Friday, March 18, 2016

Election Free for All

Election Free for All
Lots of interesting commentary on What's His Name this week. Here are some of my favorites. Some of these disagree in parts with my analysis, which is fine. I don't think any of us completely know what's up with the Trump phenomenon. We're all trying to figure out what it means for America, and readers of this Report, for evangelicalism.
- Michael Horton on "The Theology of Trump"


- Michelle Boorstein of the Washington Post on "Why Donald Trump Is Tearing Evangelicals Apart"

- Rod Dreher on "A Hard Case, For Trump"
And if you're sick and tired of Trump commentary (as any sane person would be by this point), check out this fine piece on John Kasich, who seems to be that rare breed in politics these days, a sincere and humble Christian. You don't have to agree with his politics to see how his faith informs him.
 
Making Students Read Porn
I'm unclear about how large a phenomenon this is, but this article by Jenni White in The Federalist suggests it's a problem in a number of school districts: making high school students read material that graphically depicts incest, sexual assault, and rape.

The other problem is this: when parents argue that they should be informed when a class is going to read such stuff (and asked that their child be excused from that assignment), the response is to ignore them and call them book burners. As is often the case, our reigning paradigms make it difficult to make common sense decisions. To suggest that high schoolers should not be reading some books (like Beloved by Toni Morrison, among others) is not to suggest the books should be burned. I've not read the book, but I can only assume that it is a book with many redeeming features. That doesn't mean it's appropriate for teachers to require high schoolers to read it—or that parents who agree are literary Neanderthals.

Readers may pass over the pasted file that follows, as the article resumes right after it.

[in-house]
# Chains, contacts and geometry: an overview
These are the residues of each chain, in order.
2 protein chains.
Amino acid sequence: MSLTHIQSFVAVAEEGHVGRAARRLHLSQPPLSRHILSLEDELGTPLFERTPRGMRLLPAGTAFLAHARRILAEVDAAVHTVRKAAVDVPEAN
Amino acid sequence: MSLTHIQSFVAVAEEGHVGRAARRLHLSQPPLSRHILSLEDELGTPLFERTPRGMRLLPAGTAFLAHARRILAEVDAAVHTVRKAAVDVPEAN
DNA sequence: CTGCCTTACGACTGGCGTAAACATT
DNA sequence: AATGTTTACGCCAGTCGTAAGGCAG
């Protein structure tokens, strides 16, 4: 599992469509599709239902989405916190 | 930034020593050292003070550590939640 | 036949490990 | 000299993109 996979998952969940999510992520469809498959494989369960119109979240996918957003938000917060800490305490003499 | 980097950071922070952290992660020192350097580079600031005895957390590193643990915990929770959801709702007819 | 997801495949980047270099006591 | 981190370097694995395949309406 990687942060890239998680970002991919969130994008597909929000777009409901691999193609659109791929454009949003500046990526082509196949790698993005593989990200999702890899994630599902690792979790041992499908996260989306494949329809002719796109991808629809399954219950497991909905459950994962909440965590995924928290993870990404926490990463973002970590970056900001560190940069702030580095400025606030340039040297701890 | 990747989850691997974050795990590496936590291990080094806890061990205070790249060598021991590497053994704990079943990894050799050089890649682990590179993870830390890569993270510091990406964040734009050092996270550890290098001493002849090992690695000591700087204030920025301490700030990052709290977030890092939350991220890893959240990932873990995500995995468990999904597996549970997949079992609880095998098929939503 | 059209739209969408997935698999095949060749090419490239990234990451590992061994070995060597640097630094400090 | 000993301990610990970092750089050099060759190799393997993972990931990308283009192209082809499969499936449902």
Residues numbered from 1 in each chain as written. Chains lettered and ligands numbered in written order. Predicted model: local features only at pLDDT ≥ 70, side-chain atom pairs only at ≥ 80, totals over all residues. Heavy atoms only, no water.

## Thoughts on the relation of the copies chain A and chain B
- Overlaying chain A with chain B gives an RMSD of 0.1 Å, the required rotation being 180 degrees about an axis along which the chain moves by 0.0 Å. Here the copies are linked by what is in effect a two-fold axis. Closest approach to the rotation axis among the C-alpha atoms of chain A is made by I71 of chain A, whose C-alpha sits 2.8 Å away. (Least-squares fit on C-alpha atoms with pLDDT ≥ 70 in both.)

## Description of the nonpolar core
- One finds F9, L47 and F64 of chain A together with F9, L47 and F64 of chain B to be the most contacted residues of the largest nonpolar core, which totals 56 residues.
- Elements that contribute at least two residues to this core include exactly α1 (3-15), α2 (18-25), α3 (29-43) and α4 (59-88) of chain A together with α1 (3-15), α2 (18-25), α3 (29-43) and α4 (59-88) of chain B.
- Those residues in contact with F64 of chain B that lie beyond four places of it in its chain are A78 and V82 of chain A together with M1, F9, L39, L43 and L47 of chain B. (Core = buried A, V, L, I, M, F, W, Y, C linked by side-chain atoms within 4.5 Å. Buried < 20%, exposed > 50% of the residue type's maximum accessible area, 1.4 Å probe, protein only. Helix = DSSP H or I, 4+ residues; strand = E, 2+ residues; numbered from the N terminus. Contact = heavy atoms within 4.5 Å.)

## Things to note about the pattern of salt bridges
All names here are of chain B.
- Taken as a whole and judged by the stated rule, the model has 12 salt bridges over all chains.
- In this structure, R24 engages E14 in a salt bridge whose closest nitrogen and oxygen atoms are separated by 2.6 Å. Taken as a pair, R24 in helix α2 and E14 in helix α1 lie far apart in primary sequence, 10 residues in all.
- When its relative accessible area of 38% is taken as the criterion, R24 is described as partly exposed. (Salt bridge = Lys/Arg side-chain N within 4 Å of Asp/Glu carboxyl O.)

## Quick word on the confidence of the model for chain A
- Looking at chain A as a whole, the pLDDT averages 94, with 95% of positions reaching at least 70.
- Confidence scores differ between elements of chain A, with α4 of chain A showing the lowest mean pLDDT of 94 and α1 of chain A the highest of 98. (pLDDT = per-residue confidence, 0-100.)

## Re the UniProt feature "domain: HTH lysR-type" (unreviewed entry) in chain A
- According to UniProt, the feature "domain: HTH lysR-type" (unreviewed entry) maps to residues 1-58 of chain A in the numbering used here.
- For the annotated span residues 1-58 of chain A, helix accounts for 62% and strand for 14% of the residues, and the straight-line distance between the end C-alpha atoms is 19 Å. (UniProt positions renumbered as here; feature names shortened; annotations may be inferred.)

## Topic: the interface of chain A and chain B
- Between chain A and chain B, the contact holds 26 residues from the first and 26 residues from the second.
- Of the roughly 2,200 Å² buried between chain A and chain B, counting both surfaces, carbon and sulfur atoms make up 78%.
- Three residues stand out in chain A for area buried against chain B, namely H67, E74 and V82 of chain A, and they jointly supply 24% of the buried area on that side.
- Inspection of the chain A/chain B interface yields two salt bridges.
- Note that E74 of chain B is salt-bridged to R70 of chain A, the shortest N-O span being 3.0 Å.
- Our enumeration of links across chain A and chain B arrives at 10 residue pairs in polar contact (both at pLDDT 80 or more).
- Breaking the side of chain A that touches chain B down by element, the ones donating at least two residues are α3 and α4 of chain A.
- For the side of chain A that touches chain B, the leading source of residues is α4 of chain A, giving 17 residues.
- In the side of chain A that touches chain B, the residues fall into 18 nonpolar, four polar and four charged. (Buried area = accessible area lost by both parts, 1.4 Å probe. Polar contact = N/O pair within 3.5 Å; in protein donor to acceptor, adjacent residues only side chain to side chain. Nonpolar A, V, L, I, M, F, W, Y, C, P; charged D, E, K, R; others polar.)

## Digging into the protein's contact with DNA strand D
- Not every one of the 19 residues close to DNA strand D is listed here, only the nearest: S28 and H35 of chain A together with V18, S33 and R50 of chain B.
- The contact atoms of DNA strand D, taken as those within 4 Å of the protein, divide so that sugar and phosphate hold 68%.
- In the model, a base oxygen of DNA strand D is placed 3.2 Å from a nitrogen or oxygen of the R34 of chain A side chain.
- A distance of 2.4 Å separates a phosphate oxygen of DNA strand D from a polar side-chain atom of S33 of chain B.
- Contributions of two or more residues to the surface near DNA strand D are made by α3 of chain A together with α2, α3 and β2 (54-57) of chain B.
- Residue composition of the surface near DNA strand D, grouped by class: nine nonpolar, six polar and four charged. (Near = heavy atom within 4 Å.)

Beautiful Evangelism
I'm writing a book on Beautiful Orthodoxy, in particular how the pursuit of the good, the true, and the beautiful sums up so much of what it means to live out the Christian life today. I bumped into this quote of St. Augustine that talks about one effect beauty can have, especially in a culture that doesn't want to hear a formal gospel presentation any more. But there is another type of "presentation" that is even more powerful.

Grace and peace,
Mark Galli
Mark Galli
Mark Galli
Editor, Christianity Today

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